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Product Spotlight: Canon PowerShot SD 1000Canon's latest point-and-shoot has the new Digic III processor, which enables longer battery life and faster startup, autofocus, and shutter response. Brian Tong takes a closer look.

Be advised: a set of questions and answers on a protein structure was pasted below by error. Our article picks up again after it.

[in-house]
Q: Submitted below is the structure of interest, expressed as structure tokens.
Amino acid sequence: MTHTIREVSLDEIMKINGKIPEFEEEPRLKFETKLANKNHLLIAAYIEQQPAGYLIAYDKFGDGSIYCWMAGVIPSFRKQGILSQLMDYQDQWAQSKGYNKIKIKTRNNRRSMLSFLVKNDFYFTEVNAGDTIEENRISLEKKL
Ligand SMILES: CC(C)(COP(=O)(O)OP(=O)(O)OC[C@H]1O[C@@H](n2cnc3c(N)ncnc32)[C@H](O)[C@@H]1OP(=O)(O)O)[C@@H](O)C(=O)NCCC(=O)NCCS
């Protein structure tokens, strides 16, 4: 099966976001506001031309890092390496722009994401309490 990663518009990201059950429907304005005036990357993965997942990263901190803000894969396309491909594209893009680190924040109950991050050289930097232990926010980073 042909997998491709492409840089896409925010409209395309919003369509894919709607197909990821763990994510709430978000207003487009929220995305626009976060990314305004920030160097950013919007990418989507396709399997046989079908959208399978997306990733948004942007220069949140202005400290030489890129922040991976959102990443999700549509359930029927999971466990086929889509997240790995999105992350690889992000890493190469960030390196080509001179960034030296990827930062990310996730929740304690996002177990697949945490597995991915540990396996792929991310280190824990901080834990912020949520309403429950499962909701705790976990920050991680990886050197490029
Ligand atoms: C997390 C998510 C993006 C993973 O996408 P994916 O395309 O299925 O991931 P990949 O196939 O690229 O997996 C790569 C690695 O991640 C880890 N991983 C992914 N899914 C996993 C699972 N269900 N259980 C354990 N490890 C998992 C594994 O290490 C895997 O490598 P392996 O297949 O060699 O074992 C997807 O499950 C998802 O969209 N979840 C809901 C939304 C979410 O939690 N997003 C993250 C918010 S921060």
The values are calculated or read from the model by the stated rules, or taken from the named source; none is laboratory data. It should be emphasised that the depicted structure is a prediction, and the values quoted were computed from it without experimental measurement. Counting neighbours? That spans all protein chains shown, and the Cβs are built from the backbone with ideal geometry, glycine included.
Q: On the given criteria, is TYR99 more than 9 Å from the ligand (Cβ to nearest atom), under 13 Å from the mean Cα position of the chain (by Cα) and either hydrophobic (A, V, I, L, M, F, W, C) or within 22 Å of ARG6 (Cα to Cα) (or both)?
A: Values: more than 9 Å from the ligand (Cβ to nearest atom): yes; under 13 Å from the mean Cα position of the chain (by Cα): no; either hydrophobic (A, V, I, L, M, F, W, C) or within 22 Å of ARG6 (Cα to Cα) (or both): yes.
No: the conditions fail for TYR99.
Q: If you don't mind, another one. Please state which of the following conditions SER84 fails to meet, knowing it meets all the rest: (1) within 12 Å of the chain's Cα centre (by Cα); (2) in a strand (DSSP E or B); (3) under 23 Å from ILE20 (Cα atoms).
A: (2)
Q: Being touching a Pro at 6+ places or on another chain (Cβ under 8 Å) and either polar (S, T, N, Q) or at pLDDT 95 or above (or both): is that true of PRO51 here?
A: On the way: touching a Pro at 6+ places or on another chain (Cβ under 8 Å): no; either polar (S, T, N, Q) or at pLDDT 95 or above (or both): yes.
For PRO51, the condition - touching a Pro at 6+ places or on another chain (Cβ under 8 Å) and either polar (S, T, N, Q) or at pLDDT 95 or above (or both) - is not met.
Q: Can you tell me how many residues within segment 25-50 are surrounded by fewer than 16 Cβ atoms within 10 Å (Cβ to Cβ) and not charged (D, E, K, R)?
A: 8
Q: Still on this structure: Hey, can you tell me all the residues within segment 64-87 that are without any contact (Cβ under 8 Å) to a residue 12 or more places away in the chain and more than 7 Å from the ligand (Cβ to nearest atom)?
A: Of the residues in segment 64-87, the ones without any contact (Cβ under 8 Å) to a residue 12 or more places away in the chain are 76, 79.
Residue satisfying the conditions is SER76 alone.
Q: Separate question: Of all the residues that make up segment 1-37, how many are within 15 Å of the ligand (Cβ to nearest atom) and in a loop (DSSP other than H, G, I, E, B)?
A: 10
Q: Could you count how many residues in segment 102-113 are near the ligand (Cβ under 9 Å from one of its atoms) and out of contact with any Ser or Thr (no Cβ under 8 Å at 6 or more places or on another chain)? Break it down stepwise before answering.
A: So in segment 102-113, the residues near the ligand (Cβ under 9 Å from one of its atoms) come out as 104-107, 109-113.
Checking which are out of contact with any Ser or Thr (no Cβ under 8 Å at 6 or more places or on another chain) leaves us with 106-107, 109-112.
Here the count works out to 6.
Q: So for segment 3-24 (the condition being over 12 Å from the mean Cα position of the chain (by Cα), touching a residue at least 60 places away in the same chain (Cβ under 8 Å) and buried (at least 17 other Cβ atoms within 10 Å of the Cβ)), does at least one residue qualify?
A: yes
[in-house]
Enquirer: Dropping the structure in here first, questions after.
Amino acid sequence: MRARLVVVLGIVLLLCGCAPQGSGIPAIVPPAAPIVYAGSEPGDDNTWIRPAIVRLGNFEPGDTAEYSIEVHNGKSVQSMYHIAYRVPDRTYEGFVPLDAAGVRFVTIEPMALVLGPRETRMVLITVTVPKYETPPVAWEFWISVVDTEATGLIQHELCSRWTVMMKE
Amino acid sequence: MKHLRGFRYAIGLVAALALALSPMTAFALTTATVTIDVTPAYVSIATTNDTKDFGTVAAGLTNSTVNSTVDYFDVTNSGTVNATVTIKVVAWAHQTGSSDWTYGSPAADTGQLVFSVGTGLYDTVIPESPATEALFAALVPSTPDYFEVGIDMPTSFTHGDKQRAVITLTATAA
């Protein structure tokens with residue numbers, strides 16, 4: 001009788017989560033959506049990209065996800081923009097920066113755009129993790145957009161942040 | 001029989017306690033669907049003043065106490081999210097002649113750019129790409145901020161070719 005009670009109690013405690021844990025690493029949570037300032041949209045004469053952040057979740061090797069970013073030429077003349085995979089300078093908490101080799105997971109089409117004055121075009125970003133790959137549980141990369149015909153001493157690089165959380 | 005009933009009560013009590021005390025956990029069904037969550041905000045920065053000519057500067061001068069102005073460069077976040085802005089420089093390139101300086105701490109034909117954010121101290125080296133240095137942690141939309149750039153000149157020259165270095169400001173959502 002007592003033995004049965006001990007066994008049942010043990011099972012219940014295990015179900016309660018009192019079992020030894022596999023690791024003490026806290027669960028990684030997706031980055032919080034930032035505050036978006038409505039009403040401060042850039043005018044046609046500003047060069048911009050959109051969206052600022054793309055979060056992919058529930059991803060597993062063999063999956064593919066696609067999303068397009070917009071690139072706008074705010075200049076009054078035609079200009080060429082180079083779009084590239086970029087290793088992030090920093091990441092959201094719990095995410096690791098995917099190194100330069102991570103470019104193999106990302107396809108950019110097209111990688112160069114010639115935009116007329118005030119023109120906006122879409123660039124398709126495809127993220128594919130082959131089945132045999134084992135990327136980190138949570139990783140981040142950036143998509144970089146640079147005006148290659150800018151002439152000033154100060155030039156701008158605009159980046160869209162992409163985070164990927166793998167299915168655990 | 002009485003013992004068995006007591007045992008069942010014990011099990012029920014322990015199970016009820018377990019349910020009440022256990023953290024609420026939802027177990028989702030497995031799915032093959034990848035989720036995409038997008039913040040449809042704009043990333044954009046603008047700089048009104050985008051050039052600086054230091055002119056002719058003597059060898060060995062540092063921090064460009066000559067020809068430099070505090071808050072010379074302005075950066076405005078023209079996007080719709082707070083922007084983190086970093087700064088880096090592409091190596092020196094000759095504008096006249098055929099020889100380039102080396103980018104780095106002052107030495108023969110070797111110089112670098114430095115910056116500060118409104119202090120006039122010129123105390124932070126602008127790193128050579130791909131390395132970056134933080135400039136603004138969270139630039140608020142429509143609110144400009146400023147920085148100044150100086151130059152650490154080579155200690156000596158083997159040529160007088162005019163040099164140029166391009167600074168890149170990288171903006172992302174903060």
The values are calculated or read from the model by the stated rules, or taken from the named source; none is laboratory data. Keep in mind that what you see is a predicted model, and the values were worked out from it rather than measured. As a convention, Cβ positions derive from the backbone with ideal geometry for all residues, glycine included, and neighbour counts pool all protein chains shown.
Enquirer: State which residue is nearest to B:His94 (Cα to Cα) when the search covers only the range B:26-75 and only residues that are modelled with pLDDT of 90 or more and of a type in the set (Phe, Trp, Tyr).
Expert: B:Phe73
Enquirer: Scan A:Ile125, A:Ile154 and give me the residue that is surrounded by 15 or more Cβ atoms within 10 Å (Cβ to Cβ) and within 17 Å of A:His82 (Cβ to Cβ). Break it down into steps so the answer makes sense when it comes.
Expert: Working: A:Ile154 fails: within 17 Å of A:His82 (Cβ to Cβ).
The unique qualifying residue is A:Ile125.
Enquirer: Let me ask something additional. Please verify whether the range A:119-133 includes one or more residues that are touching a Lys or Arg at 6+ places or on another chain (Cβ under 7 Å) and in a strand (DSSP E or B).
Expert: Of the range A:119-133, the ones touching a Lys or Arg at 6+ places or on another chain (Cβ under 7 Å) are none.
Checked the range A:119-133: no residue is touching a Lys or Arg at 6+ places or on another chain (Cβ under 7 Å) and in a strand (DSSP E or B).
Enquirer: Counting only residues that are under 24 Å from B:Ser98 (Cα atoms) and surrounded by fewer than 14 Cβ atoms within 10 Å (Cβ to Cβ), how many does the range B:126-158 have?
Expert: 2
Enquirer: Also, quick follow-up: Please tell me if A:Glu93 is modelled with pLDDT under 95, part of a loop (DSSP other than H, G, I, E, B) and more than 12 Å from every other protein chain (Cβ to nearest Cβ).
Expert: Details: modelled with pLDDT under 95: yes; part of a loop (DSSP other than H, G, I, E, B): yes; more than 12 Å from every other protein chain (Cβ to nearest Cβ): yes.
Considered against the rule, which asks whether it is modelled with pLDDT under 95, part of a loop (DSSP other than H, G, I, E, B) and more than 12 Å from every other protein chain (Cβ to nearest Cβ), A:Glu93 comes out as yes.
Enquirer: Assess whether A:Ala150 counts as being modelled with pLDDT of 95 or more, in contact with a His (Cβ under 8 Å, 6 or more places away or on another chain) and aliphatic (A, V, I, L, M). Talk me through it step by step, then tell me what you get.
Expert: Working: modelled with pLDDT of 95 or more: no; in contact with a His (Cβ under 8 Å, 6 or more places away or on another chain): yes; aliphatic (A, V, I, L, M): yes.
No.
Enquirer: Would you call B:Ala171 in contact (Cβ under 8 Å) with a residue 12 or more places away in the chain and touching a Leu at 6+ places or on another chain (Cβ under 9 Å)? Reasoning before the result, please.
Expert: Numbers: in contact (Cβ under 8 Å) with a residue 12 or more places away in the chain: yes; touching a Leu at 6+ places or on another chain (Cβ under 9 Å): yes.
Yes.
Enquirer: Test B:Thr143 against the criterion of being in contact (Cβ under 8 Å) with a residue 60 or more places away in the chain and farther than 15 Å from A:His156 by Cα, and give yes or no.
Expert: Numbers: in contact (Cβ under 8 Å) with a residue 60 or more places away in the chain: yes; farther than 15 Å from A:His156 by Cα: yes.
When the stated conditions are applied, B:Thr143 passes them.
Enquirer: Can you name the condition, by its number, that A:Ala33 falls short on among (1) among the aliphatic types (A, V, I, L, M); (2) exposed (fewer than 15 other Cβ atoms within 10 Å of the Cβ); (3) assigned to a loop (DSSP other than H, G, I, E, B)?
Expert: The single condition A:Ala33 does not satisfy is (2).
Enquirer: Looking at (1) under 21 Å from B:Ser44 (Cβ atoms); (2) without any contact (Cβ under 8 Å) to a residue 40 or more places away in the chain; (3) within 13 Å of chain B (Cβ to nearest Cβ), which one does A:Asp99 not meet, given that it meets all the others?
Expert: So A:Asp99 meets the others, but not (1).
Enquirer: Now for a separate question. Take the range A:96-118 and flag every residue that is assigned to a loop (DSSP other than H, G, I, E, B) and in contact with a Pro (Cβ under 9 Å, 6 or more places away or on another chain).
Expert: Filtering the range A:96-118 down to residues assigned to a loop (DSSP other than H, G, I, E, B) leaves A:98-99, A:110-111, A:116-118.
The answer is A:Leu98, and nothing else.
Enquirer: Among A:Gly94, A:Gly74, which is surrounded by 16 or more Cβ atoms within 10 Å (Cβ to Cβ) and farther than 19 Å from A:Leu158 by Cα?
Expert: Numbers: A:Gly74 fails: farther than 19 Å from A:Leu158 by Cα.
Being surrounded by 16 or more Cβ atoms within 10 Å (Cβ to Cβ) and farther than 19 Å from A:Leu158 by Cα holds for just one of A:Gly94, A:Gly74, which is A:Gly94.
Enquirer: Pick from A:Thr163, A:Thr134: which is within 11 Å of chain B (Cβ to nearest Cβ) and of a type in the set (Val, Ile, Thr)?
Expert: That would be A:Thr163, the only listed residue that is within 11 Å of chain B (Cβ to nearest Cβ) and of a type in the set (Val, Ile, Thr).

>> When you think digital point-and-shoot cameras, what's the first company that comes to mind? Now if you guys are thinking Canon's digital L series, you got it. I'm Brian Tom for cnet.com and we're putting the product spotlight on the Canon SD 1000 to see if the line continues its reign of excellence. The Power Shot SD 1000 has that sleek, elf-look that many people are used to. Now this rendition is boxier and doesn't have some of those flowing curves of past models, but it's simple minimalist design is just as nice. It's really a compact four factor, and it fits in about any pocket comfortably. The SD 1000 is a 7.1 mega pixel camera with a 3 X zoom, which is pretty much the standard for point-and-shoot cameras these days. Now the camera's layouts and controls are also basically the same, but this tech toy isn't just about looks. Sometimes, guys, it's the inside that counts. And that's where we see the changes with the SD 1000. Now the biggest change is the switch to the digit 3 processor. This rebound processor claims to give you longer battery life, faster start-up, auto focus, and shutter response. It also adds face detection for focusing. So if I move around, you can see that the SD 1000 keeps locked on my grill. It also has an ISO 1600 setting for faster shutter speed in low light situations. And that means sharper pictures at parties that you may not remember. Now that's claiming a whole lot, but in our lab tests we were able to verify these improvements when we compared it to the model it replaced; the SD 600. We love the fact that it still has an optical view finder which you guys can see here. Because more and more cameras are getting rid of this feature. But it does come in handy in tight shooting conditions. So let's take a look at the L controls. Now you've got a slider here for image capture. And I can slide it down to video capture, and then down here, the playback mode. Now below here this four-way control let's you change the ISO settings, flash or no flash, and on the left side you've got the macro or infinity focus, and the continuous shot and shot timer button over here. Now this is pretty much the standard layout for an elf design. But the most important thing about cameras are the images. The image quality from the SD 1000 was excellent in the CNET lab tests. They were accurate with colors, and had plenty of sharpness. They just looked really sensational. Now I'm a previous owner of the SD 600 and I was able to see the subtle Richness and vibrancy with pics right from this camera right when I started using it. The SD 1000 continues to be one of the top choices for a point-and-shoot. But there's still some things that bug. These days people want more from their pocketable cameras and having manual exposure controls would kick the elf line up one more notch. No one in this category of digital cameras does it yet, so Canon, you guys could be the first. I'm Brian Tom for cnet.com. And the SD 1000 continues its run of great cameras with the improved digit 3 processor and the quality performance that we're used to. This guy is a keeper. ^M00:03:00 [ Music ]